Mets deal Kazmir, other prospects

NEW YORK -- Pitchers Kris Benson and Victor Zambrano were
traded to the New York Mets on Friday, boosting a rotation that had
relied all season on three aging starters.

A day before the non-waiver trading deadline, the Mets got busy
in a big way -- and took a huge gamble.

To get Zambrano and minor league pitcher Bartolome Fortunato
from Tampa Bay, the Mets sent their best pitching prospect -- Scott
Kazmir -- and minor league pitcher Jose Diaz to the Devil Rays.

"In my new home, they're waiting for me," Zambrano said before
the Devil Rays hosted Toronto. "I'm just going to go and do my 200
percent I can do there. I'll be happy to go there."

"All I can say, I appreciate the opportunity that they gave me.
I'm just waiting to get to New York," he said.

Devil Rays GM Chuck Lamar told ESPN Radio Friday night that he lamented giving up Zambrano, but felt Kazmir was too good to pass up.

"It was a good trade for us, and I think it was a heck of a trade for the New York Mets," Lamar said. "Victor Zambrano has been here a long time. ... You hate to give him up but we've spent a lot of time and effort and money of getting a nucleus of our young position players. We knew this day was coming that we needed to start getting our hands on some pitching that can truly beat the Red Sox and Yankees in this division, and we think Scott Kazmir has that kind of ability."

For Benson, eligible for free agency after this season, and
minor league infielder Jeff Keppinger, the Mets traded infielder Ty
Wigginton, highly touted minor league pitcher Matt Peterson and
infielder Jose Bautista to the Pirates. The Mets got Bautista
earlier in the day from Kansas City for minor league catcher Justin

"It's kind of a relief just to get it over with. It's been a
tough day," Benson said before the Pirates played at Miller Park.
"If there was a team I'd be excited to go to, it would be them.

The Mets sent a private plane to Milwaukee to bring Benson to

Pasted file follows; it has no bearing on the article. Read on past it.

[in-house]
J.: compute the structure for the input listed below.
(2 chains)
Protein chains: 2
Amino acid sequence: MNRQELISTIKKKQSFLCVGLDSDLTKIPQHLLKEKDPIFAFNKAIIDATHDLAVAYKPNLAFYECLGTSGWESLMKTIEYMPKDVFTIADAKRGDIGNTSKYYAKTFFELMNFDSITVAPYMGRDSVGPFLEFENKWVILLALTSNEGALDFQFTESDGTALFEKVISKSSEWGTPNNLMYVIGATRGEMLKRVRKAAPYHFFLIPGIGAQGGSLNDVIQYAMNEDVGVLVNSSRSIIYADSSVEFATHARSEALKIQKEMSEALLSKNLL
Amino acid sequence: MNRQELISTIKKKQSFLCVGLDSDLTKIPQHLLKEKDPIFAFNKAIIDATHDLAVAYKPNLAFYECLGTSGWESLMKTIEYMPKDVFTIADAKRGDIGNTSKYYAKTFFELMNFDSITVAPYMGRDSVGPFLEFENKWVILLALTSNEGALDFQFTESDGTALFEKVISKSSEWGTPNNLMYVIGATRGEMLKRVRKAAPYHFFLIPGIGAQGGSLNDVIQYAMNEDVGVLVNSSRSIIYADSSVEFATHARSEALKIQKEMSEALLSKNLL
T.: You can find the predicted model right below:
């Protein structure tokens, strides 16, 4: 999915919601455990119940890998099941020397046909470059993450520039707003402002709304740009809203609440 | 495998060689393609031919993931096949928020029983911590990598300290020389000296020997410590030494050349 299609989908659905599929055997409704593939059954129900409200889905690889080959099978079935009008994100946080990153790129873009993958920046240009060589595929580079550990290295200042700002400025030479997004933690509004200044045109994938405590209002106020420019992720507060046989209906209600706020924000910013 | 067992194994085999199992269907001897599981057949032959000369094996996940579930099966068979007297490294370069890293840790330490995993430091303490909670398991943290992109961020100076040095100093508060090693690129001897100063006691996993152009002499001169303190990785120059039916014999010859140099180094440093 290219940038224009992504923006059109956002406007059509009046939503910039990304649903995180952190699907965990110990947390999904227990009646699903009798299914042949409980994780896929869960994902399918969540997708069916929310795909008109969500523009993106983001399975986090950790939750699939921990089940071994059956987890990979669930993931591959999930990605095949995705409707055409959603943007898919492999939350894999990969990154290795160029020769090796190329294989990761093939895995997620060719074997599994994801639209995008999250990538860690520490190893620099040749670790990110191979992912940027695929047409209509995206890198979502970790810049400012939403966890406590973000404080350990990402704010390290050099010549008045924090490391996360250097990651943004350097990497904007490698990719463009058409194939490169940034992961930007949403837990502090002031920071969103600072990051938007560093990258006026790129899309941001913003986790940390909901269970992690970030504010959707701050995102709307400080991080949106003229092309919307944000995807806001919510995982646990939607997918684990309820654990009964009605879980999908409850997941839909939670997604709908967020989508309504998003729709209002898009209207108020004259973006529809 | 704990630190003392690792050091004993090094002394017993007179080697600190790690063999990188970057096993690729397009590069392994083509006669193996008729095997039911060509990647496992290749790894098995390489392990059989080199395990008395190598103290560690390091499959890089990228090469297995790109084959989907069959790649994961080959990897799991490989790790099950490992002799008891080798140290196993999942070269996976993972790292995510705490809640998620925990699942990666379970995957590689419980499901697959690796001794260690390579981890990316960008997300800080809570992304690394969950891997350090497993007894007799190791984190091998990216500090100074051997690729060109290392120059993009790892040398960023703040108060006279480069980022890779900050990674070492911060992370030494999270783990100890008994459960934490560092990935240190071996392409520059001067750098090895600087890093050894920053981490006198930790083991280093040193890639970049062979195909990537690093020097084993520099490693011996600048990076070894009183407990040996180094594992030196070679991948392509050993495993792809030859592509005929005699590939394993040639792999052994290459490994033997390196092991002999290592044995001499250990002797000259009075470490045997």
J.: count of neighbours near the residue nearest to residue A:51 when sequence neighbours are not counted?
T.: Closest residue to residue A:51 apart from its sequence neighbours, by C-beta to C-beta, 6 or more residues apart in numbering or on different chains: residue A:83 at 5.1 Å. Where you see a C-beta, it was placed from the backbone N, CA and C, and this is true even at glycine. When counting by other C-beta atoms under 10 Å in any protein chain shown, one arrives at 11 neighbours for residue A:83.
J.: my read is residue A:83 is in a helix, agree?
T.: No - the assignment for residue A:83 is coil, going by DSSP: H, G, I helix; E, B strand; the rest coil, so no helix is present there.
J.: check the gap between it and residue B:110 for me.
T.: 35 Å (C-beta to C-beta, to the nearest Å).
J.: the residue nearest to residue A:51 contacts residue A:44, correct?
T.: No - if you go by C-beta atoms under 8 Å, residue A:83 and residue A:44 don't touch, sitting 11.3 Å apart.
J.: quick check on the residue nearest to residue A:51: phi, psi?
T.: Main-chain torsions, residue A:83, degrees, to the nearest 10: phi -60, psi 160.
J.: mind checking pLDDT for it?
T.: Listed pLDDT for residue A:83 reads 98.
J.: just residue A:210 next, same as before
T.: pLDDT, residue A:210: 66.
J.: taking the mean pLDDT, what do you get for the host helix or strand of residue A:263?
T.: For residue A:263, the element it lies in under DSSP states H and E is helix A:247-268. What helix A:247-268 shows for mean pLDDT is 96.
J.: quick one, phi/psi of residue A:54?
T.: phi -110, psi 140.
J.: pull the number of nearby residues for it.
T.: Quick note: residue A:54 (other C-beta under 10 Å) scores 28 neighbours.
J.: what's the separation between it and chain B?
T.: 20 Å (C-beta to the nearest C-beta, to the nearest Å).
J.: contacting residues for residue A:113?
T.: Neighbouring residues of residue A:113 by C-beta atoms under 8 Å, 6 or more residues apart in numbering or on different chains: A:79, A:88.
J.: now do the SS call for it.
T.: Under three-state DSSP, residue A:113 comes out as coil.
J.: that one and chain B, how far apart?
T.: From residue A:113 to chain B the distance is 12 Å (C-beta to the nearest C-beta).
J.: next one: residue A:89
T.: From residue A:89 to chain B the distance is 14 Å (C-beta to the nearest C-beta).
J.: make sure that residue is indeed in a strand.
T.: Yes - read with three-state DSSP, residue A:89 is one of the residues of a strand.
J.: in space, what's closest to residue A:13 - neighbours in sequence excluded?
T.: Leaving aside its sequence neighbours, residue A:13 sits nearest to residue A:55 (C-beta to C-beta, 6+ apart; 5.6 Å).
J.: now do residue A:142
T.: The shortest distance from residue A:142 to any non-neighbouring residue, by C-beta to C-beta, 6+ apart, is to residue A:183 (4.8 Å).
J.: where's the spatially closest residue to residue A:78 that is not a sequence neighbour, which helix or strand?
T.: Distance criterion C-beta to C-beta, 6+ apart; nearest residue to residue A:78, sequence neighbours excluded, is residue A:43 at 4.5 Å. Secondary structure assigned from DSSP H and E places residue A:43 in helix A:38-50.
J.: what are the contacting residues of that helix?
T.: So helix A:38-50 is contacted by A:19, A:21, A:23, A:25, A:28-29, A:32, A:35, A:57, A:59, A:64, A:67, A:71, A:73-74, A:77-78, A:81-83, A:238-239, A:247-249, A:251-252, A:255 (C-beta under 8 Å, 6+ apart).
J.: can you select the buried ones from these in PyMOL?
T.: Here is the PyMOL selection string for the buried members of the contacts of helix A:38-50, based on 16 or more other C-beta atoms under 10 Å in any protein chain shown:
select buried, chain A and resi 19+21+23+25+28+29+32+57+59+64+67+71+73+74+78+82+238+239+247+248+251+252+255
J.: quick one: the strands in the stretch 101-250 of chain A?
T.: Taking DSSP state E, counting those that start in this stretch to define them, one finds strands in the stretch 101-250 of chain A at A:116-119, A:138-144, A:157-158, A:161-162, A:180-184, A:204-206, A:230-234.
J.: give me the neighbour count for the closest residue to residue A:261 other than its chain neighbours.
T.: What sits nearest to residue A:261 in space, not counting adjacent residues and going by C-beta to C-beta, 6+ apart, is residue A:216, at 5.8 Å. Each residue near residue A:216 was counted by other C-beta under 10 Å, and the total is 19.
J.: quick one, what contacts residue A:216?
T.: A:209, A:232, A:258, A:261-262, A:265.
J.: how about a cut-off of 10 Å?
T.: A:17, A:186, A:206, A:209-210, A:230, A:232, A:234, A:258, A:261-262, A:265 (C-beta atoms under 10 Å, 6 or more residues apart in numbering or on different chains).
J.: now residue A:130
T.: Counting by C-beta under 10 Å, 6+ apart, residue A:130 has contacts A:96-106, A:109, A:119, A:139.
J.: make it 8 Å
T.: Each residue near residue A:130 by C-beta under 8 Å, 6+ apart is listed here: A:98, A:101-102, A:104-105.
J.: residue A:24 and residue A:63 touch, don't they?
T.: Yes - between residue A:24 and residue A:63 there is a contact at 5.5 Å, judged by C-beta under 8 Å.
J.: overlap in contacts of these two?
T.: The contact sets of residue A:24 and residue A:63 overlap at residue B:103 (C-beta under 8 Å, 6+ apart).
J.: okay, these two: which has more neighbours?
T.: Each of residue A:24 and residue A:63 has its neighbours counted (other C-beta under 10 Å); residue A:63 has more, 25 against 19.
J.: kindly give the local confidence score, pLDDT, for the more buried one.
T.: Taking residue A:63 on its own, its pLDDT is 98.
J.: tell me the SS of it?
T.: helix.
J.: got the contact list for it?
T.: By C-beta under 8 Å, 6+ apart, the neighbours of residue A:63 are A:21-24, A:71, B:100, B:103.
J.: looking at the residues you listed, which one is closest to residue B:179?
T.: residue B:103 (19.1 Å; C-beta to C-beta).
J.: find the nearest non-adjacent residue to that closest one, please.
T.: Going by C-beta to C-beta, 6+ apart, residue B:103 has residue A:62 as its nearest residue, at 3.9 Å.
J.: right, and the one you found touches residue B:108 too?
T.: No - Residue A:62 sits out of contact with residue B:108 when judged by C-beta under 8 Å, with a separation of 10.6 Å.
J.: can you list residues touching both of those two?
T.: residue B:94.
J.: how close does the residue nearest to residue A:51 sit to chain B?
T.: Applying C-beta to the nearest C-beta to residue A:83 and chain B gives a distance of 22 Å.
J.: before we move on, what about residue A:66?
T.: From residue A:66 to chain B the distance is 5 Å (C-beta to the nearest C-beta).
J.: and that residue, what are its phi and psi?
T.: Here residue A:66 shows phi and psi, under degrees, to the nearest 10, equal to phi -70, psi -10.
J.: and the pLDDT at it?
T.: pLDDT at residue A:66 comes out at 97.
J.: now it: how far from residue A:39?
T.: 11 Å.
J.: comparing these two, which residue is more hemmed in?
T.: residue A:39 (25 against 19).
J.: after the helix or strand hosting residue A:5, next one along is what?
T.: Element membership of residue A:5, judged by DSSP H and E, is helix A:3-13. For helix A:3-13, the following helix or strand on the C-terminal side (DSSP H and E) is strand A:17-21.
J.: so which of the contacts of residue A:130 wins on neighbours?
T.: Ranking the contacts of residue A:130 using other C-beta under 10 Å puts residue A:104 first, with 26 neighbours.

Atlanta, and he planned to start Saturday night against the Braves.
He would be facing Atlanta for the third straight time.

"We're getting younger and transforming our roster that a year
ago or two years ago was one of the oldest in baseball," Mets
general manager Jim Duquette said. "Both of these pitchers are 29
years old, they still have a lot of mileage ahead of them,

The Mets, led by starters Al Leiter, Tom Glavine and Steve
Trachsel, entered the day trailing the Braves by six games in the
NL East. New York, which started a weekend series in Atlanta, also
are in the wild-card race.

Zambrano, who turns 29 next week, is 9-7 with a 4.43 ERA. The
right-hander also is 10-1 lifetime in interleague play, having
pitched well against NL teams.

Kazmir was the Mets' first-round pick in the 2002 draft, and was
pitching at Double-A Binghamton. He has struck out 259 batters in
203 1-3 innings during his minor league career.

"I think we're getting one of the fine left-handed pitching
prospects in baseball. I won't be surprised if he's not here come
September," Tampa Bay general manager Chuck LaMar said.

"We get our hands on a quality left-hander and have some
financial flexibility, too," he said. "It's a move that's not
easy to make at anytime, but we felt like it was the right time."

Zambrano was eligible for salary arbitration after this season.

"He's pitched well enough to deserve what the system says he's
going to get paid," LaMar said. "He's arguably the best pitcher
this organization ever had, somebody who could still improve at the
major league level. But if not, he has proven he's an outstanding
major league pitcher. He's had great success and I think that
success will continue."

Benson, 29, is 8-8 with a 4.22 ERA. The top pick in the 1996
draft has had injury problems, but the Mets hope he can give them a
late push.

"He's certainly a talented guy who came into the industry with
high expectations and they probably didn't play out the way
everybody wanted it to," Pirates general manager Dave Littlefield
said. "But Kris had a variety of injuries, too, and he's pitched
well this year and pitched very well in the recent past."

Littlefield said Peterson joins the organization with a lot of
potential, as did Benson.

"He's a talented guy and he's performed well up to this point.
But, in general, we're glad to get another strong-looking
right-armed pitcher in the system," he said.

Wigginton was in the Mets' original starting lineup Friday
night, playing second base and batting sixth. He was hitting .285
with 12 home runs and 42 RBIs.

"I guess I blocked it out the whole time. I never expected a
deal would go down," he said. "You hear all the talk every year.
I guess all I could think about was going out and playing the game
hard and showing respect for the game of baseball."

Wigginton had a mixed reaction to the trade.

"Excited. At the same time, I'm kind of sad," he said. "I
felt we had a good thing going over here. In the long run it looks
like it will be a better situation for me on a personal side over